After the handoff, we went to exchange 30 and took advantage of some indoor sleeping. It was nice of the church to open their doors for us, but I could've done without the piped in Jesus music. It was another gorgeous day and we took the handoff from Van 1 for our final legs. Everyone was running on a mission. In spite of the heat they all did great. Emily was a frakking machine on a sunny leg through a vinyard. We barely had enough time to stop for fresh roadside strawberries. Tragic, right?
When I took the hand off for my final leg (just shy of 8 miles, pretty much all uphill) I warned my team not to look for me for at least 90 minutes...probably longer. Turns out that was pretty accurate. I ran, and walked, and took pictures.
Water stop. That's a Buddhist temple.
In spite of my snail like pace, I scored 2 kills on my final leg. As we came into the finish, I was feeling pretty damn good.
There are some advantages to being the captain. Finishing is one of them. Especially when this is the view from the finish:
Now, the fact that the finish line was up a flight of stairs was a bit of a bummer at that point, but that view makes up for a lot. Also there was beer at the top. I fucking love beer.
The whole team gathered for a shot at the end:
Charlie, Annette, Emily, Jess, Jen, Me, Megan, Brett, Marc, Tim, and Susan
Team American Bacon!
That night we ate an obscene amount of Greek food and watched hockey while we drank. It was a big lovefest with both vans. The very best of Ragnar.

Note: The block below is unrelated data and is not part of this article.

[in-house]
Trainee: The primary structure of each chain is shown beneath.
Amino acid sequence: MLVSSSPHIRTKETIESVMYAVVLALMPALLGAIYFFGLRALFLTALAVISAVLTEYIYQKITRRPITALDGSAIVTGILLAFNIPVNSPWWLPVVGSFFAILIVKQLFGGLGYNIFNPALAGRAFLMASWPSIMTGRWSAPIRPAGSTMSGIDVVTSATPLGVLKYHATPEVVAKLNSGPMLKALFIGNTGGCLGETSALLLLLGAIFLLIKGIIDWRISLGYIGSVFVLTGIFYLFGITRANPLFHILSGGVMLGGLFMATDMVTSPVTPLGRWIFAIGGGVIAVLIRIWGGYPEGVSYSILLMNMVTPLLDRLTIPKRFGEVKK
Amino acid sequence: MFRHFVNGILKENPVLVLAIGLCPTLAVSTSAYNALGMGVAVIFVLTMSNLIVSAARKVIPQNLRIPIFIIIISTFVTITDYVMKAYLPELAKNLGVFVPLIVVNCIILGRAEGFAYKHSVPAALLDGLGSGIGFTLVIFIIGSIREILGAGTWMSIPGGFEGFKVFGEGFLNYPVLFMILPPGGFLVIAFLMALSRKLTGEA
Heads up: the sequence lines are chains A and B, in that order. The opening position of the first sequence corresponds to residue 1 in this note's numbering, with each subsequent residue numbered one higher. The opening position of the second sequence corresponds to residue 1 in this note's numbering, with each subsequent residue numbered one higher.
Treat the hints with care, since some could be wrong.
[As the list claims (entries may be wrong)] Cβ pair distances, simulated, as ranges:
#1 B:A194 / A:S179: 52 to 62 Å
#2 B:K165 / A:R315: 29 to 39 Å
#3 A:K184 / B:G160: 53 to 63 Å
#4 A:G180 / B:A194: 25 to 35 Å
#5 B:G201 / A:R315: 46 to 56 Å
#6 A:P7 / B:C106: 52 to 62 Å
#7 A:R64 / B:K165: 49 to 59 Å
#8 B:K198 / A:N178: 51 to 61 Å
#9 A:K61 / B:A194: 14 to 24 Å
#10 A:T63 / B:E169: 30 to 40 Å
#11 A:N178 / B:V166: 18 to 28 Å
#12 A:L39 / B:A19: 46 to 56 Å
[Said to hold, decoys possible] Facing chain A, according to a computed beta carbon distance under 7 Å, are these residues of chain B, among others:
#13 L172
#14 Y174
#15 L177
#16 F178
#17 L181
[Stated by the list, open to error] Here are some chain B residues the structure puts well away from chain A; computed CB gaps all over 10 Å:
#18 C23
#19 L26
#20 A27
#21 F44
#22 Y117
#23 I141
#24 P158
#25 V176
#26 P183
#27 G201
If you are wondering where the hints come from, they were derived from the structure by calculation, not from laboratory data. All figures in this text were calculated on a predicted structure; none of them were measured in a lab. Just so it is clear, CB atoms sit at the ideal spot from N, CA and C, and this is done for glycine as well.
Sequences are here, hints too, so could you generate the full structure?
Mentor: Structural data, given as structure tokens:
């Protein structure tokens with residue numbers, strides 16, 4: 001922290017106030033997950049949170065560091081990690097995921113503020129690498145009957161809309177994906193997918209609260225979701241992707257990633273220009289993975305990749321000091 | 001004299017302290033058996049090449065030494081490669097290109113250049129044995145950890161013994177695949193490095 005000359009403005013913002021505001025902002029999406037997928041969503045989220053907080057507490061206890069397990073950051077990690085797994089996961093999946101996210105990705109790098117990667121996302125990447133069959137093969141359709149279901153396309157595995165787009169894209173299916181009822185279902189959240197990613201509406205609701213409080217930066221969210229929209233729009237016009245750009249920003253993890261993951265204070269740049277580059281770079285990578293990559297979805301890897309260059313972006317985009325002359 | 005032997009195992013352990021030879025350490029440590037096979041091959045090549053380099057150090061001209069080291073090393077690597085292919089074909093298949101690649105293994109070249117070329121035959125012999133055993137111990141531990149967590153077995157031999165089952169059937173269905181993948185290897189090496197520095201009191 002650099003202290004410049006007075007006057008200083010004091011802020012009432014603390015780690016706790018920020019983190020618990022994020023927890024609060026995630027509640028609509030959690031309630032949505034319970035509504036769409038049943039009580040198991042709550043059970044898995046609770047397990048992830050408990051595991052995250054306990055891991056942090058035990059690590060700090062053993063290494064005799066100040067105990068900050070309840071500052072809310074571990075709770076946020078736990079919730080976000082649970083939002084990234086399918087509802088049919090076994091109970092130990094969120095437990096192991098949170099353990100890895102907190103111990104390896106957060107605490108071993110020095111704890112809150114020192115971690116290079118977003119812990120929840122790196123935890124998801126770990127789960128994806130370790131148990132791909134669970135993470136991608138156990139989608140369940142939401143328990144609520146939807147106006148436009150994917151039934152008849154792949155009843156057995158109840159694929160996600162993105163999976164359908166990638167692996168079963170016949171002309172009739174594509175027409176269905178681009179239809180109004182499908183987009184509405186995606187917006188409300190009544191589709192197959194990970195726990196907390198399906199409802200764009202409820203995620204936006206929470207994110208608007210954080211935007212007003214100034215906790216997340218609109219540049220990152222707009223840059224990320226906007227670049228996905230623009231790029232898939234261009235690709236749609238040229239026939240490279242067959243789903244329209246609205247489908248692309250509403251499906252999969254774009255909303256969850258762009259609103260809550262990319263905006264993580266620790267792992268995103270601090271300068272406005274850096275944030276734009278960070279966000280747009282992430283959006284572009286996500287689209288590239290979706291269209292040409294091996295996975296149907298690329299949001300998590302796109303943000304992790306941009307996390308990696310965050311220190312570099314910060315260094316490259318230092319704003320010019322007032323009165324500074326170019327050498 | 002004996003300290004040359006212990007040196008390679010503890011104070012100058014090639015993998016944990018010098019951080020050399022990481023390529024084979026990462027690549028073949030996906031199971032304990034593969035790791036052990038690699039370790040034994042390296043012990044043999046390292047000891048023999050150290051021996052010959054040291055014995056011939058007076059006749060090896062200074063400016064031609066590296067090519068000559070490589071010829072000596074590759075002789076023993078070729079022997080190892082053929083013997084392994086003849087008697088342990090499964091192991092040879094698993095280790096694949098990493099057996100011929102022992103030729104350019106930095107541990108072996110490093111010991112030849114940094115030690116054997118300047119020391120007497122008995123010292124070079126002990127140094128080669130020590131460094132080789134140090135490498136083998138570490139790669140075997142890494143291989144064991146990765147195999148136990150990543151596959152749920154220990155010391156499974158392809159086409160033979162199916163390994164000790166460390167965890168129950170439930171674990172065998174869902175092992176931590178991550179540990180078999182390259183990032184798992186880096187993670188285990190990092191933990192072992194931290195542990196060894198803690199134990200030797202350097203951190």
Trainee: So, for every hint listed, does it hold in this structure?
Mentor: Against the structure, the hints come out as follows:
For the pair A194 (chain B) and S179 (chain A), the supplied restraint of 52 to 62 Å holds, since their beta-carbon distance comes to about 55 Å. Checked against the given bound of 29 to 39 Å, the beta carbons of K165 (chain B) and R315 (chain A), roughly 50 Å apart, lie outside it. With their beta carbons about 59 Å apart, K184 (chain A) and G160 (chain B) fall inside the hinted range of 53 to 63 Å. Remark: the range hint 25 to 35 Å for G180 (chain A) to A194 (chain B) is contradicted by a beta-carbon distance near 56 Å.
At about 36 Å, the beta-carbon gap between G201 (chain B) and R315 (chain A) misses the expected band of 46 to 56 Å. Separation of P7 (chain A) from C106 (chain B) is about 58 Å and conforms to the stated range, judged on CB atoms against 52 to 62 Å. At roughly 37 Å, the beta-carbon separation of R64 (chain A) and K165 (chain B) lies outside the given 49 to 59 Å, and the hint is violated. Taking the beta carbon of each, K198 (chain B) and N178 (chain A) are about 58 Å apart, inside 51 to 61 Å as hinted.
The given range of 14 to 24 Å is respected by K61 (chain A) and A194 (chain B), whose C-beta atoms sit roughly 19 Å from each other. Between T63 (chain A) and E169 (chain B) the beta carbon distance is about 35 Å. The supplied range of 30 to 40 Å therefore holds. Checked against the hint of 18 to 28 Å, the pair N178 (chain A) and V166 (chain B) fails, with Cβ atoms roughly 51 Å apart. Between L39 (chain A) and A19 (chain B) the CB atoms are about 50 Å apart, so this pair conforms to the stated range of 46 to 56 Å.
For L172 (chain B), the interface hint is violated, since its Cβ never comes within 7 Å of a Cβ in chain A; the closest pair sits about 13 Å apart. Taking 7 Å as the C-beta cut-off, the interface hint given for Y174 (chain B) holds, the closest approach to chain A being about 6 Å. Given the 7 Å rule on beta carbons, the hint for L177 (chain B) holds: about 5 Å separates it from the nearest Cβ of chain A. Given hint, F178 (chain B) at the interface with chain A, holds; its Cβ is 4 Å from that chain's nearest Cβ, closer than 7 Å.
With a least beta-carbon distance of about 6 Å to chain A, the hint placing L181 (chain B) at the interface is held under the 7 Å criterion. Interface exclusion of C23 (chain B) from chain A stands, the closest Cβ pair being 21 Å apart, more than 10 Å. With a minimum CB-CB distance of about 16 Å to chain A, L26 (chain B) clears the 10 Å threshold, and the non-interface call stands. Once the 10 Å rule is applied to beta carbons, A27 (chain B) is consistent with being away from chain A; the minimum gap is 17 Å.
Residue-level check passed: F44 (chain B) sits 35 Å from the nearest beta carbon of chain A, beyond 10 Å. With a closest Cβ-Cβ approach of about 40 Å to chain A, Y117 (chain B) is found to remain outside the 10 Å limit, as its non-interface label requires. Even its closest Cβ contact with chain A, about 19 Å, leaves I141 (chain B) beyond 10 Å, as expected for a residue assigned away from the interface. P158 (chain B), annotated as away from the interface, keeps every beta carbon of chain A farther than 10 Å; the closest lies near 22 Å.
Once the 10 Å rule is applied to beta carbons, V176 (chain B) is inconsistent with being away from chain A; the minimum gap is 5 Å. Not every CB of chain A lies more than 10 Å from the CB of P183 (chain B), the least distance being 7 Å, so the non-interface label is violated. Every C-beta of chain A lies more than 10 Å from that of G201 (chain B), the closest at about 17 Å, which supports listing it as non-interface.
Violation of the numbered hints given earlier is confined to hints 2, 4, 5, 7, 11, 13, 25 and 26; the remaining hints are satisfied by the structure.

The next day we said good-bye to several team members early (after slamming a couple of bottles of wine that we couldn't carry on the plane). Then some of us went hunting for tshirts, etc for the smalls in our lives. Niagara Falls themselves are visually stunning. The town of Niagara Falls? Visually sickening. To quote Brett "It's like the Wisconsin Dells and Reno had a bastard child." So what did we do? Played Dinosaur Putt Putt golf, of course.
Because nothing says "Niagara Falls" like plastic dinosaurs.
This was a great team. We had a great time. I would Ragnar with any one of these people again in a heartbeat. The course was beautiful and the race was extremely well organized (especially considering its inaugural staus!!). Staff was always available, and the atmosphere was really positive.
This year's medal style was a little different than last year. So were the tech shirts. I liked them both. Charlie was fond of the medal.
Who needs a medal hanger when you can hang them on kids?
Of course we were already discussing our next adventure by the time we got to the airport. Lake Tahoe trail Ragnar 2014. Can't wait.